The lives of pioneers are very often turbulent and short – such is the price of breaking the boundaries and venturing into realms that nobody reached before. 

Aviation pioneers are often an exemplar case of that. Female aviation pioneers – doubly so. 

The life of Evgeniya Mikhailovna Shakhovskaya, in addition to being short and turbulent, was violent, lavish, and quite exciting indeed. She was one of the first aviatresses in the World, and arguably, the first one who managed to get accepted into the military. 

While her aviation career was rather brief, she was a part of a military unit two decades before Sabiha Gökçen, the much-celebrated Turkish aviatress and a holder of Guinness World Record in this field. While much of Evgeniya’s actual achievements are a subject of speculation, there is a chance she was also the first woman pilot to see combat.

So, what was her life like?

“I am doomed”

Shakhovskaya, born Andreeva, was from a family of wealthy merchants. She received the title of knyaginya – a princess or a duchess – from her husband Andrey Sergeevich Shakhovsky, marrying into the world of royalty and being expected to adopt an appropriate lifestyle.

But that lifestyle did not suit Evgeniya well. Mechanically inclined, she was known to be more interested in riding horses, shooting rifles, driving and repairing automobiles. In fact, her habit of spending more time in a garage than with her husband was rather scandalous at the time, possibly leading to a divorce. 

This event signified the start of the new life for the young princess. In 1910, she visited the first aviation week in Petersburg, observing flights of Nikolay Popov, one of the first Russian aviators. Shakhovskaya was impressed; attempts to be enlisted into a flight school followed but were unsuccessful, likely due to her scandalous background.

The failure did not extinguish her enthusiasm. She still received her flight lessons, but to become an accredited pilot had to migrate to Germany. There she became a pupil of another famous Russian pilot Vsevolod Abramovich and received a pilot's license in August 1911. 

For some time she worked as a flight instructor at the German branch of the Wright Company, managed by Abramovich, also becoming his mistress. It is difficult to determine if she was really the first woman pilot from Russia – some say so, others present convincing counter arguments – but she was quite definitely the first who attempted to become a military one.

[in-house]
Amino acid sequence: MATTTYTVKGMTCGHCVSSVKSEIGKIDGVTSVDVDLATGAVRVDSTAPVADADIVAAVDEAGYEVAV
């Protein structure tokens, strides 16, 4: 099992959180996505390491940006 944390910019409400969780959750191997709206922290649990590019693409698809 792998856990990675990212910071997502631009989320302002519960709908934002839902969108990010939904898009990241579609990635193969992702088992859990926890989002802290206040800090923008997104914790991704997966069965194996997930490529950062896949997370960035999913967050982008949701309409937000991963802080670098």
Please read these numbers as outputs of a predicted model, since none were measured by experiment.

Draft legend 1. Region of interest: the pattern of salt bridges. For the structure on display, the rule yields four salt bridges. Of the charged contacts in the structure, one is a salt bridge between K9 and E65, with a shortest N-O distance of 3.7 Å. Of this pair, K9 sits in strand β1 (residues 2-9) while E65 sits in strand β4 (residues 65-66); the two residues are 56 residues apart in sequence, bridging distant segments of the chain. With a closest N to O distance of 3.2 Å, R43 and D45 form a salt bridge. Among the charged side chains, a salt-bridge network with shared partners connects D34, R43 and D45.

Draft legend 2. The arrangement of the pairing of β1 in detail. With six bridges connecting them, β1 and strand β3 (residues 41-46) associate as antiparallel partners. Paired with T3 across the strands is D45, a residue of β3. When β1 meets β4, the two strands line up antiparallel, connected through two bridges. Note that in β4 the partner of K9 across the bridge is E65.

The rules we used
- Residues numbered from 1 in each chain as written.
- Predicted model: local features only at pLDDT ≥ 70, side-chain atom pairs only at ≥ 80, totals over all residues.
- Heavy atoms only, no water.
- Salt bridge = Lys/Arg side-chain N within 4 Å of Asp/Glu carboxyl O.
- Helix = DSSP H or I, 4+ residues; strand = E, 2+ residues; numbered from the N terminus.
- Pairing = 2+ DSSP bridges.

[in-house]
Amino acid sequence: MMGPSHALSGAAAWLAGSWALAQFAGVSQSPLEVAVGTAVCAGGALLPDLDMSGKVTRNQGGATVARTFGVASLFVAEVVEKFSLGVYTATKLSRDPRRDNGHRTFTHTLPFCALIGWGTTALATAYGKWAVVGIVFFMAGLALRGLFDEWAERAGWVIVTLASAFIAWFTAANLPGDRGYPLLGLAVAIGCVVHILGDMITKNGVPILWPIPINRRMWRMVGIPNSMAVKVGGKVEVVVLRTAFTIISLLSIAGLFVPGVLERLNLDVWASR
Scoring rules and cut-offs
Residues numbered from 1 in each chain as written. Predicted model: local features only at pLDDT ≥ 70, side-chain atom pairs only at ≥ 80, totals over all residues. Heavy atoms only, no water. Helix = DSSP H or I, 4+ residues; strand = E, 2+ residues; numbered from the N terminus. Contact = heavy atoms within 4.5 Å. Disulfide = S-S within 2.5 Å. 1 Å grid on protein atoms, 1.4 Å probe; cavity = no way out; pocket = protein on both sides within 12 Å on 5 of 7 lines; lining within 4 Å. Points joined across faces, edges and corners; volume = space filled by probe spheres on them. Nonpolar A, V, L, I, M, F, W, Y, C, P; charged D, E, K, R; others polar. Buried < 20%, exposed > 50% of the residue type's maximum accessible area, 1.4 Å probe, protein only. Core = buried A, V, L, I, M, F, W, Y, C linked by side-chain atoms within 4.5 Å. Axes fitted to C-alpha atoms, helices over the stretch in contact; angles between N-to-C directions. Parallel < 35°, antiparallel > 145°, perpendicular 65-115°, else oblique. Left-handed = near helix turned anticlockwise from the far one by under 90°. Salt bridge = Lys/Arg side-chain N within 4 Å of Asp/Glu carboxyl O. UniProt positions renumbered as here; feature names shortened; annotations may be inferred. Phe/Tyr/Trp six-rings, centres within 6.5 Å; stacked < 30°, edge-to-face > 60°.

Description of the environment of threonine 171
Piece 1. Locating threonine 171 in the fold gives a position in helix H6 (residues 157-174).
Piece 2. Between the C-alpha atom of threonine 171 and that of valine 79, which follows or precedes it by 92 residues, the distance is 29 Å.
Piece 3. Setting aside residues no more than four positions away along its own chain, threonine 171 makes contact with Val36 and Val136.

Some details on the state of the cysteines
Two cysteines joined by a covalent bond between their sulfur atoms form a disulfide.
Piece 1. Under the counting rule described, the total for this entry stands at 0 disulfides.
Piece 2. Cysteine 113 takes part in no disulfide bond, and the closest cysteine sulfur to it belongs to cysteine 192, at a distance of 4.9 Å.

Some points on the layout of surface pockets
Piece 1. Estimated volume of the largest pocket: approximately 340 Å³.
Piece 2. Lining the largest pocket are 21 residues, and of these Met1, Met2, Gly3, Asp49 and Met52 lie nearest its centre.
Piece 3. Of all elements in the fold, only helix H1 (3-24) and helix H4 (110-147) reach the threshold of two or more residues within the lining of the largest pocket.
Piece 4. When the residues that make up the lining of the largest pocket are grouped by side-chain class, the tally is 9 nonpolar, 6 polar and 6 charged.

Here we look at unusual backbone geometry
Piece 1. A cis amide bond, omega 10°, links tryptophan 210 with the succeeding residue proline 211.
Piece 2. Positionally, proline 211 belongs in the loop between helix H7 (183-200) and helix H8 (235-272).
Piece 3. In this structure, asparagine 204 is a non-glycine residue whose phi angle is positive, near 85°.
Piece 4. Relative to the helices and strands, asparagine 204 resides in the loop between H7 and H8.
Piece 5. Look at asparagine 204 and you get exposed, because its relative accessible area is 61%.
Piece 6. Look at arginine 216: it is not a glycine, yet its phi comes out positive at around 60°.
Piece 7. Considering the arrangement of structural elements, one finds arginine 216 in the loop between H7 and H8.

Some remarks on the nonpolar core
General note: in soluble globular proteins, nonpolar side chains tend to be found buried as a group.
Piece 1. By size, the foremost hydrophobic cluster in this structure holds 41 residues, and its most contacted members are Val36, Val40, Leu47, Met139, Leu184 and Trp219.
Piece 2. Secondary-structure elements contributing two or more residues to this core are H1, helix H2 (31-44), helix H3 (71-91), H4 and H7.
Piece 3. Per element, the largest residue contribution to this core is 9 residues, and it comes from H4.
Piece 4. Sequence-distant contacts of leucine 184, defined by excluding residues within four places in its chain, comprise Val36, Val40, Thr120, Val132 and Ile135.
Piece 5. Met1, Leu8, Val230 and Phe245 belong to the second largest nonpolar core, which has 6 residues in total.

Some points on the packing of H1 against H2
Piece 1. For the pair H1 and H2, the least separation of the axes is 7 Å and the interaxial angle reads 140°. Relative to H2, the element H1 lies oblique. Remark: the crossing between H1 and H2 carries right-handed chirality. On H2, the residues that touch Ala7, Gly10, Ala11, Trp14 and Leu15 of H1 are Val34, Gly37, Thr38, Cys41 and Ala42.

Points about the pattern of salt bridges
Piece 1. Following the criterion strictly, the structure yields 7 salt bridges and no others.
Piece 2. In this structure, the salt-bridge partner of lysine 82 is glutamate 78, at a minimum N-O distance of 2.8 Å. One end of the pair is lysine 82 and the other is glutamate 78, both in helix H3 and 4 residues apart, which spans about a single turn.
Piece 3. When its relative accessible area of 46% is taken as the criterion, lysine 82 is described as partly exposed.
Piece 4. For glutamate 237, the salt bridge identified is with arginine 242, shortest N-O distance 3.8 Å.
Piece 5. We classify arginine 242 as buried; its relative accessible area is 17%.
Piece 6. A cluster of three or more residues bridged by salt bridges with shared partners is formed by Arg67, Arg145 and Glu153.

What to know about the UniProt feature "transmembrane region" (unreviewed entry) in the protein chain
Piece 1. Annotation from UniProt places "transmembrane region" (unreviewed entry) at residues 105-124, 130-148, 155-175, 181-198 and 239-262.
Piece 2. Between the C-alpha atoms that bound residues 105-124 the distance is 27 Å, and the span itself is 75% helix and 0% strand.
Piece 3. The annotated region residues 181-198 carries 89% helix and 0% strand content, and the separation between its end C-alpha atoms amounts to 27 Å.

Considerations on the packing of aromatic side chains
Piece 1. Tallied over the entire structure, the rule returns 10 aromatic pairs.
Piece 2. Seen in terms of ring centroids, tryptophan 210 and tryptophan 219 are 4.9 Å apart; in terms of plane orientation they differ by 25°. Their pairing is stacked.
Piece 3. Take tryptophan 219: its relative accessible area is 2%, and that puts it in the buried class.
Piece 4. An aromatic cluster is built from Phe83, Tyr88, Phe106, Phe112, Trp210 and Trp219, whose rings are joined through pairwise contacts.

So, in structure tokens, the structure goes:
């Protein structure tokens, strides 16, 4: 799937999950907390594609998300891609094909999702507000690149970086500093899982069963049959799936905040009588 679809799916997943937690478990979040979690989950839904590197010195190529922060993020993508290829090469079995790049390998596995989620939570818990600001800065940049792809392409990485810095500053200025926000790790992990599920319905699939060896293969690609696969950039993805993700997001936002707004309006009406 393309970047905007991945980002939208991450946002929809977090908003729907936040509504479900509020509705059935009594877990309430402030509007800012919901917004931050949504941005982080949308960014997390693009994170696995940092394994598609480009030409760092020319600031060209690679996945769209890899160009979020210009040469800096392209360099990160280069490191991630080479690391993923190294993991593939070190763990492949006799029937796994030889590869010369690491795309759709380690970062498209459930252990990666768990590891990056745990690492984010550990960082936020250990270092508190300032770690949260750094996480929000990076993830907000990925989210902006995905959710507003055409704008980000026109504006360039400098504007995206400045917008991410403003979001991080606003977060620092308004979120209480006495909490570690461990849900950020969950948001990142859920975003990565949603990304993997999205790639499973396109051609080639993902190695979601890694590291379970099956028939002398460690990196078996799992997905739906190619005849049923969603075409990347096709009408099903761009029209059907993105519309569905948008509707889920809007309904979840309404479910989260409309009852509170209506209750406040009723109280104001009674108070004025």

In September 1911, Italo-Turkish War started, becoming the first armed conflict where aircraft were used. Tales of reconnaissance flights and bombing runs of early airplanes stirred imaginations; Shakhovskaya volunteered.

“I am going to perform aerial reconnaissance, a bersagliere [sharpshooter – AeroTime News] armed with bombs will be sitting behind me. We will fly to survey enemy positions. It is a great feeling – to fly over the desert at the altitude of 500 meters, to hear the buzz of bullets shot by enemy riflemen hunting for our airplanes. Even dying in such circumstances – such a beautiful death. And I am going to die sooner or later anyway, I am doomed,” Evgeniya is quoted as saying in the contemporary press, which reported that she was going to depart to the frontlines shortly.

She did not depart though. Italy declined her offer to volunteer, as did Bulgaria a year later. Despite those failures, she was simply adored by newspapers, often appearing in them as a socialite-turned-daredevil, complete with photos of her sitting in a Wright airplane besides Abramovich. 

Their romance was short and did not end well. In April 1913, an airplane piloted by Shakhovskaya crashed; the pilot received minor injuries but Abramovich, who flew together, was fatally wounded. The crash shocked Evgeniya and she vowed never to fly again.

A month-long career